Looking at the choices made by designers these days, I see a lot of intriguing new fonts from Dutch foundries (primarily used in Europe, unfortunately), and lots of well known faces who've survived the rigours of style, including Chapparal, Trade Gothic, Frutiger, and even Engravers. I know I'm omitting a thousand more, but these are being successfully applied in important work and deserve recognition, and inclusion, in a working library.

Nick Shinn's picture

Mike, why workhorses?

Is that any way to treat your clients?

Surely a unique team of thoroughbreds for each client, acquired on demand, would be a better idea.

And why stop there when you can commission a type designer to genetically engineer something really special?!

hrant's picture

Thoroughbreds tire easily. And a camel might not win any Western beauty pageants, but please don't try a Clydesdale in the Gobi.


mike gastin's picture

Nick - you have a great point ... gee, wonder where I could find a type designer to make me something special?

Seriously, we do acquire as needed for projects. Our problem is that we have been acquiring fonts since the beginning of digitization. (The studio has been around for s few years) and there is a lot of dross in the collection.

I just want to weed out and then I got thinking that I wanted to scrap the collection and start fresh.

I will most likely weed it out aggressively, add a few new faces like Whitman (good suggestion Chris!) or the Scala family and then grow the collection as projects demand solutions.

BTW, Nick, I loved your article!


myoung's picture

Interesting article Mr. Shinn. It will be interesting to see what Dan Reynolds comes up with using the same priorities for selecting the set. I look forward to reading his list and reading any discussion surrounding it.

oh, and I was wondering when you are returning to Toronto? I understand you are a member of the type club, and I would be interested in hearing you speak sometime or just saying Hi.

Nick Shinn's picture

Thanks Mike. Mr Young -- yes, I'm looking forward to seeing Dan's set. I will be returning to T.O. next Fall, although I am flirting with the idea of living somewhere different every year (have iBook and broadband access, will travel).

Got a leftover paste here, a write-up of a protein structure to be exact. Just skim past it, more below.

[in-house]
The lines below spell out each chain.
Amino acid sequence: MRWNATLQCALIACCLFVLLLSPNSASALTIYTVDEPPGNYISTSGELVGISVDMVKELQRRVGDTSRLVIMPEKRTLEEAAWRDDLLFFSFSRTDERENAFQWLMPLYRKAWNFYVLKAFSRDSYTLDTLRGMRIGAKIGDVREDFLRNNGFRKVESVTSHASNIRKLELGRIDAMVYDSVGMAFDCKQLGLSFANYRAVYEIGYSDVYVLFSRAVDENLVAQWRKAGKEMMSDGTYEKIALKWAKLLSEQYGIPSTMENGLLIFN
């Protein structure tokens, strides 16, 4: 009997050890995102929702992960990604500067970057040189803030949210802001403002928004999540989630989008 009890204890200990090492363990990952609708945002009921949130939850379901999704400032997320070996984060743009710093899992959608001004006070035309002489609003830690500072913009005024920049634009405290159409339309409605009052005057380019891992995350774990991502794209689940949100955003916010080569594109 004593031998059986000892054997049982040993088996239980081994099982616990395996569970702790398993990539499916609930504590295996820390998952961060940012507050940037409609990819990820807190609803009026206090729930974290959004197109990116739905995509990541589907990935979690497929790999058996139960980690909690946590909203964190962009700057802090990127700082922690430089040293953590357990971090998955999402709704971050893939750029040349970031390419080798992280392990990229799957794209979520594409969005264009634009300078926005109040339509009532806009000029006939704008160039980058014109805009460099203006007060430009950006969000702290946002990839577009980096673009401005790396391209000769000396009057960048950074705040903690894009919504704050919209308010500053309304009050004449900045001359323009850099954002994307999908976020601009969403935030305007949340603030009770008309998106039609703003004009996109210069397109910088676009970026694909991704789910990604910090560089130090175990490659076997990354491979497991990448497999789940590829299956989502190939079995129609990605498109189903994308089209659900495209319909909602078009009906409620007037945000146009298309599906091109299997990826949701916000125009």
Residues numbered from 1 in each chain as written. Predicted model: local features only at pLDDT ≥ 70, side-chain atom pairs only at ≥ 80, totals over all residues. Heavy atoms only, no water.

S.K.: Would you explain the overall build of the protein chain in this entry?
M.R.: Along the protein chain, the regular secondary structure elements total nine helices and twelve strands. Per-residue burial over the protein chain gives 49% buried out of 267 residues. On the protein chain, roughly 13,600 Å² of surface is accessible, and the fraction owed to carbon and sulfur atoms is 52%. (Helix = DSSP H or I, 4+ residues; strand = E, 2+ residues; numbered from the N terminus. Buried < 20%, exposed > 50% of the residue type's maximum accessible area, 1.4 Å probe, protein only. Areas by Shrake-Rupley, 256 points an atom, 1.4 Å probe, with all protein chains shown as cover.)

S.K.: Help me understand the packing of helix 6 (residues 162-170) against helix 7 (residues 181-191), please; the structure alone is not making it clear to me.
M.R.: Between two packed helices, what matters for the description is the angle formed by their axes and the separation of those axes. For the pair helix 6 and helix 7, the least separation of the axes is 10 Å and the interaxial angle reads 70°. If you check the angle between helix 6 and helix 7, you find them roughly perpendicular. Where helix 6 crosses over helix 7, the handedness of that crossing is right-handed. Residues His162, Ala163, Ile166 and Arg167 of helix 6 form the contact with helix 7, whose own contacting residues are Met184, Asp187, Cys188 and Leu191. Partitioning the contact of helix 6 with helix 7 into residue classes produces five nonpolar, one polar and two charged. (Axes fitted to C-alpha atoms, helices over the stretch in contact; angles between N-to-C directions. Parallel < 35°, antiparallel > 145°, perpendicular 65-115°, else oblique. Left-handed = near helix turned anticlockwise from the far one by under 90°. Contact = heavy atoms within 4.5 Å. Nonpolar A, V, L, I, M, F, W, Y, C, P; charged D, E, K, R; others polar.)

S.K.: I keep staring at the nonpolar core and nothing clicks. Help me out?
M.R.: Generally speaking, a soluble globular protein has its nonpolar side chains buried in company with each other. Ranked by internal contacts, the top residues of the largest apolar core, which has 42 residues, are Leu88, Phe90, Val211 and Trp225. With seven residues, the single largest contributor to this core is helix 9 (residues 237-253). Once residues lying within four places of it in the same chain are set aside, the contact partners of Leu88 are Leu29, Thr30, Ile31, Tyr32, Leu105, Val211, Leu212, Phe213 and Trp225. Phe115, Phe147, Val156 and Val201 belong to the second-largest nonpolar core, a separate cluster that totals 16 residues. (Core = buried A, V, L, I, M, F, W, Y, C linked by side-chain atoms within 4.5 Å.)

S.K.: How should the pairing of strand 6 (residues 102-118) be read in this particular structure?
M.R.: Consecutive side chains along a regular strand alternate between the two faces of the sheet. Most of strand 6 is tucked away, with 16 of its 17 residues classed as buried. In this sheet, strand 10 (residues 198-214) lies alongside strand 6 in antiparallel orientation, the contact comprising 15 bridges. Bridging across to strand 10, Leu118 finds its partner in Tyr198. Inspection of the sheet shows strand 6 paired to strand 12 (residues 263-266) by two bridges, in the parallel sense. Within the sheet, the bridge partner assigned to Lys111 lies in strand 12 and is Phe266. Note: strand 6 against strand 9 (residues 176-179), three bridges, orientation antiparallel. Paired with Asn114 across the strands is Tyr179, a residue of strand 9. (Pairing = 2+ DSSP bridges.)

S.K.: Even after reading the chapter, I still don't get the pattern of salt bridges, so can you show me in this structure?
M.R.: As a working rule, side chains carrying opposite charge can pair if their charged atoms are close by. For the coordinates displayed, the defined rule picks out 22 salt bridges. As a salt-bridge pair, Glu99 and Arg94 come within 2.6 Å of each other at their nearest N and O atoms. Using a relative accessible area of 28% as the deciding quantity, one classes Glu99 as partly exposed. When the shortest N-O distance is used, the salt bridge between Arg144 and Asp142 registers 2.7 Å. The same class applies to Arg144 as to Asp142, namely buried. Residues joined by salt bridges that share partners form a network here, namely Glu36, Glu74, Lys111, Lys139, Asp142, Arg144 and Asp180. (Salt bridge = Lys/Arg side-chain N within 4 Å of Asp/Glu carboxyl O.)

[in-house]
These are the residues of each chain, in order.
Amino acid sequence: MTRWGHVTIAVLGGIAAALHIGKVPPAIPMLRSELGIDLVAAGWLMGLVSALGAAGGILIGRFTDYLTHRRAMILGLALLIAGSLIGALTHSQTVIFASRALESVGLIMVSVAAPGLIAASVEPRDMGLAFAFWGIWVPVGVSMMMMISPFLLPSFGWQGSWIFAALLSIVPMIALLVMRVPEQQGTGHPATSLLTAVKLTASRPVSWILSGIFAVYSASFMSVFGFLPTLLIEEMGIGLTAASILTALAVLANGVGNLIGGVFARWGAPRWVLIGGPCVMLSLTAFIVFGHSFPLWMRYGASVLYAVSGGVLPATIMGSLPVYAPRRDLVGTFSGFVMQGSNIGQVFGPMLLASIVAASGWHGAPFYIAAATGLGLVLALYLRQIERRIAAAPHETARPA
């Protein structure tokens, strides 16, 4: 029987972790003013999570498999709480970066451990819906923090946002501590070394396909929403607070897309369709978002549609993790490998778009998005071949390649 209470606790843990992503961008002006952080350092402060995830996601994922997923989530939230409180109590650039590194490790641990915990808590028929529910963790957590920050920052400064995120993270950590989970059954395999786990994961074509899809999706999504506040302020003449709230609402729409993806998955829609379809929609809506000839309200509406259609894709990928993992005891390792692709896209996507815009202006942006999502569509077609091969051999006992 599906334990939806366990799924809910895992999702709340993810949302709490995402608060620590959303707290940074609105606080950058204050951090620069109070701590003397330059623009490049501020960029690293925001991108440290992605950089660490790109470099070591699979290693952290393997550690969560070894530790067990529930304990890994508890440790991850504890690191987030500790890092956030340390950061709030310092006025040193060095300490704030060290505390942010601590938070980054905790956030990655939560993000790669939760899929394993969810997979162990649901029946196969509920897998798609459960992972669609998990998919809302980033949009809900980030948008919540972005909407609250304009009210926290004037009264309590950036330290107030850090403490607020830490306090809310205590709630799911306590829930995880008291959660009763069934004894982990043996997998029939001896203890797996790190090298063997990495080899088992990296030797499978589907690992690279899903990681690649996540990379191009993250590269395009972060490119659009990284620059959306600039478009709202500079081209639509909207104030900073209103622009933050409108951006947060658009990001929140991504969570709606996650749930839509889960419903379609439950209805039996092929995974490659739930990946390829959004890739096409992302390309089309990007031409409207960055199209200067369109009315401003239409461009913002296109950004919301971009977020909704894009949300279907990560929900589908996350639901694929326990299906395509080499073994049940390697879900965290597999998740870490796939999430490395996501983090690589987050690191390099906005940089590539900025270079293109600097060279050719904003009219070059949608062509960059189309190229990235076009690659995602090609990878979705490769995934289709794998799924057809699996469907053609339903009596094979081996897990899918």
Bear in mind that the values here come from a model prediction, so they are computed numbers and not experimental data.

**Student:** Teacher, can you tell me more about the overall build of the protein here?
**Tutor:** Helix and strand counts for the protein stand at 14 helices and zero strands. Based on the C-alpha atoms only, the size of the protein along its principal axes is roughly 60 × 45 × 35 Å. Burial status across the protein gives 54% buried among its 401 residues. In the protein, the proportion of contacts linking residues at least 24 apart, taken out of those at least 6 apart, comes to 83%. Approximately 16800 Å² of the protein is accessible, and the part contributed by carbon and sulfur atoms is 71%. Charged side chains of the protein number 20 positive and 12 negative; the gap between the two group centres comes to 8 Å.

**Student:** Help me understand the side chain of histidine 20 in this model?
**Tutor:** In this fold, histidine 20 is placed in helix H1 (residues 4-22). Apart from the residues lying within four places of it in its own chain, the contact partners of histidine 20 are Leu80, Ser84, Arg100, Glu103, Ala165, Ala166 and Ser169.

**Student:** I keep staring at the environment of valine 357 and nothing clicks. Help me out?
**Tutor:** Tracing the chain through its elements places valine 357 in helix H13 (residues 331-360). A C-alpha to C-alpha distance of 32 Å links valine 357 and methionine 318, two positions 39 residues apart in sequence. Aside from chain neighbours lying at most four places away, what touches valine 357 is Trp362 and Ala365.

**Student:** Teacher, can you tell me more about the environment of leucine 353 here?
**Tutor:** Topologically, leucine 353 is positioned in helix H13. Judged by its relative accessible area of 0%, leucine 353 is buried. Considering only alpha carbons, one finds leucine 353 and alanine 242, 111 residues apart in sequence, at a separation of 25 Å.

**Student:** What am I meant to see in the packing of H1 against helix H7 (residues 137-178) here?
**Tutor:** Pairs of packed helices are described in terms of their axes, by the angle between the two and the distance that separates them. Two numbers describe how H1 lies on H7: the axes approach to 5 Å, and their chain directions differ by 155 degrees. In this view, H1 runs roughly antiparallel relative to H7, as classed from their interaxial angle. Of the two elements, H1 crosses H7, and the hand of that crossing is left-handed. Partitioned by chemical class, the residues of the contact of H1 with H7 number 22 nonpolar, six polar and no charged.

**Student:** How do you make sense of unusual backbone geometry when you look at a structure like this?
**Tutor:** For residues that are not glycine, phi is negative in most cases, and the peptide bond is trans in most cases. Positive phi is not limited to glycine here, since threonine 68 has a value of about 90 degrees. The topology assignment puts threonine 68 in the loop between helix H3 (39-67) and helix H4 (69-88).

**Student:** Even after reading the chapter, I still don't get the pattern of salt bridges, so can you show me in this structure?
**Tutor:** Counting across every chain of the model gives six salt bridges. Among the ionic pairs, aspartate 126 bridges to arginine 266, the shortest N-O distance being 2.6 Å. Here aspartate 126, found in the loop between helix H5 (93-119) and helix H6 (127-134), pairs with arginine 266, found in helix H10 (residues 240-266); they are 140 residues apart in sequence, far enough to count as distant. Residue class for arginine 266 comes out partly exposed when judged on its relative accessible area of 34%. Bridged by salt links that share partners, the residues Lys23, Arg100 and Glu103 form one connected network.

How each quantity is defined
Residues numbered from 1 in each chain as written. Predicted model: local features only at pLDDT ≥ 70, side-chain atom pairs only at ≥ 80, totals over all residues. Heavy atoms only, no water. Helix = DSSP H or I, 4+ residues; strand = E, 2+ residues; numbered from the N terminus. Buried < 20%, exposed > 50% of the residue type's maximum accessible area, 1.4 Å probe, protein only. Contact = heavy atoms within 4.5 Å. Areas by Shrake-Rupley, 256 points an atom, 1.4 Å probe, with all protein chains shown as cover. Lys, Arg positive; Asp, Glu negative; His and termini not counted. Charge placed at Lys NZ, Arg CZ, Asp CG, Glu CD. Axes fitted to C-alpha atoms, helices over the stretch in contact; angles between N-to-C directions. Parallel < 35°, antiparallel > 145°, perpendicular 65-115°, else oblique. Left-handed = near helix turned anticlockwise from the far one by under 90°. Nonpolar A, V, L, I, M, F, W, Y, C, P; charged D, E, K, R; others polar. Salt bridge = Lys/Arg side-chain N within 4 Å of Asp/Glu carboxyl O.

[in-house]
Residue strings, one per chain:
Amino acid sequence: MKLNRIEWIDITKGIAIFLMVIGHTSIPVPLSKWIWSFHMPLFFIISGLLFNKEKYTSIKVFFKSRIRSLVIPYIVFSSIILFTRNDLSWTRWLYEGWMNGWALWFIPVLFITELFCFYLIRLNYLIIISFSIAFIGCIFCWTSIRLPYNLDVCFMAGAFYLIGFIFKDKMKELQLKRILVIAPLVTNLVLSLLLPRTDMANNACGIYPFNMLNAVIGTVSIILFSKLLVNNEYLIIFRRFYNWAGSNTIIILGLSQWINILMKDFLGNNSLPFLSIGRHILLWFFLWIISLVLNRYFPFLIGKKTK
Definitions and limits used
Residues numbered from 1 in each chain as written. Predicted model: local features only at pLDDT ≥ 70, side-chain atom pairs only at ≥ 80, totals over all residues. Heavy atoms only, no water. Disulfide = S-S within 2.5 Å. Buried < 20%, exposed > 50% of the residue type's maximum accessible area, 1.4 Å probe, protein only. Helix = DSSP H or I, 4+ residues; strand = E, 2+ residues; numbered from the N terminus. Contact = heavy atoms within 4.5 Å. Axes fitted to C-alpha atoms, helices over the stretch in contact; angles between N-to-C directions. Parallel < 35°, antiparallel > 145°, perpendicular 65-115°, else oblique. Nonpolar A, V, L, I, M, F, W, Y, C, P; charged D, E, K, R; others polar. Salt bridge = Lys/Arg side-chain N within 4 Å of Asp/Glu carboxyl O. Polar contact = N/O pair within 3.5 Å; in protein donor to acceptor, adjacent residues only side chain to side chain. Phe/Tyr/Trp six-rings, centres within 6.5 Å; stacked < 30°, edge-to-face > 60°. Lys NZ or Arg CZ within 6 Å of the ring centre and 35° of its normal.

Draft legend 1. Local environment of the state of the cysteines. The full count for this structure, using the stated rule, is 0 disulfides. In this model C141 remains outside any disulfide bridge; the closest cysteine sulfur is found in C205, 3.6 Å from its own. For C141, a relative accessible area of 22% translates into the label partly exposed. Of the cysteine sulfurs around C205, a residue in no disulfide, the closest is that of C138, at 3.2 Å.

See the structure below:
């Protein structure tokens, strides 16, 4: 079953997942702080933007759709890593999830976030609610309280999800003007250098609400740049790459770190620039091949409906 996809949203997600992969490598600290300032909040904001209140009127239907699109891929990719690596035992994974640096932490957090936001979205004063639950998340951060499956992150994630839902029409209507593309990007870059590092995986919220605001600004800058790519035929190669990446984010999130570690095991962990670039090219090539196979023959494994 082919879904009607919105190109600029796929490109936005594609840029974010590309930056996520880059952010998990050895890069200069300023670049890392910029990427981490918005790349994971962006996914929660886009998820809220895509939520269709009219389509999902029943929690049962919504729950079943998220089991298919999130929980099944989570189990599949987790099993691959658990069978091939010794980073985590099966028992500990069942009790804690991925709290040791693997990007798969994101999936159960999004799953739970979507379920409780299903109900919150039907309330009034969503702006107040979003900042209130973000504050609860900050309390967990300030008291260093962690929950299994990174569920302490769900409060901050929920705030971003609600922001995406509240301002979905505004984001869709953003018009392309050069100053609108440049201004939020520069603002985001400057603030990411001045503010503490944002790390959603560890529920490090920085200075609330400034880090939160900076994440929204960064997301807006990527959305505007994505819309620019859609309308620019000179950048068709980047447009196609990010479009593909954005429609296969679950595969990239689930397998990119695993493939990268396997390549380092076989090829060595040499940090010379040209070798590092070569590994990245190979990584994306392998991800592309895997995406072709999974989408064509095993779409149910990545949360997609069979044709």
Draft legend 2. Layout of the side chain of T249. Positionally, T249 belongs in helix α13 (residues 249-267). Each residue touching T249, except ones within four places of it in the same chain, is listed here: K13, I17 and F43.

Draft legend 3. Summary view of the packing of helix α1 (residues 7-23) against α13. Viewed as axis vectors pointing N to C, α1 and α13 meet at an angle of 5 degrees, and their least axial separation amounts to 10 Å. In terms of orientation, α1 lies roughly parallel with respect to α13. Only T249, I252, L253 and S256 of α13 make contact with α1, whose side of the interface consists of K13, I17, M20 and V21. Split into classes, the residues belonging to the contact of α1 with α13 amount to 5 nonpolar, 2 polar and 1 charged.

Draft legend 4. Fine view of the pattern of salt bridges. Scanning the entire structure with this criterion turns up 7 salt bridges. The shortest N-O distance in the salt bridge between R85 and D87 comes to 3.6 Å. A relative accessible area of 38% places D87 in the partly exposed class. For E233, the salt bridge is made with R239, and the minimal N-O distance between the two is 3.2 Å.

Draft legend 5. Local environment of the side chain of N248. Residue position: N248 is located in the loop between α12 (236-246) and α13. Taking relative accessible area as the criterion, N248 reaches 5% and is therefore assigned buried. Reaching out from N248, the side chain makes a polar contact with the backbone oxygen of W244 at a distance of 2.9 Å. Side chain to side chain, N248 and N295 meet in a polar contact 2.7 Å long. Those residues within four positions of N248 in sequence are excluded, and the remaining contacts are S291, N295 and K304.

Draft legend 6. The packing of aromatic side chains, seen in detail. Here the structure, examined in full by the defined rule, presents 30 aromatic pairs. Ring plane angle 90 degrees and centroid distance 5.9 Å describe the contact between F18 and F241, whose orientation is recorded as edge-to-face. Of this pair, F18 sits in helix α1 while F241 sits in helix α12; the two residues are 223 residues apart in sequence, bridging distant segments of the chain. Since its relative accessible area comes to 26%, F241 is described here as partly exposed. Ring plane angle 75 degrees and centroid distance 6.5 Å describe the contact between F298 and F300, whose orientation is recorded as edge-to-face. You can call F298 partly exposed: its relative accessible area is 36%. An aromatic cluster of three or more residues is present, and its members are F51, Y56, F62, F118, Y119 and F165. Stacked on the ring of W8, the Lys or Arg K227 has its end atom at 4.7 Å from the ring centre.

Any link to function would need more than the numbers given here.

mike gastin's picture

You ever make it over to rochester? Its just a Fast Ferry ride over the lake. Well, it was for a week or two before the ferry went bankrupt!


pablohoney77's picture

rochester? we're neighbors! altho i just moved here to buffalo myself.

Nick Shinn's picture

Mike, 'fraid I haven't been to Rochester since TypeCon2001.
I'm spending most of this year in the UK, maybe will pop over later on.
I expect the ferry will be resurrected. Presumably the creditors of the firm that went bankrupt acquired it, and will sell it off for a lot less than it cost, with its faults fixed, and with an adequate terminal in Toronto sorted out.

toad42's picture


Do you have any interest in updating The Perfect Set? It would be interesting to preserve the existing essay as a snapshot in time and to create a second edition that addresses those same core requirements taking advantage of the many options available today.

Nick Shinn's picture

No I don't.
It was a lot of work doing the research and writing and designing the article.
I stopped writing for magazines five years ago, and try and concentrate on making fonts these days.
I also had the advantage of advice from David Michaelides at FontShop Toronto, which is no more.
Now, I would have to pick someone else's brains.
But surely some educators somewhere have been tasked with doing something similar for their design schools?
How have they chosen the fonts their students get to set?

Richard Fink's picture

Liked the article Nick. A keeper, still.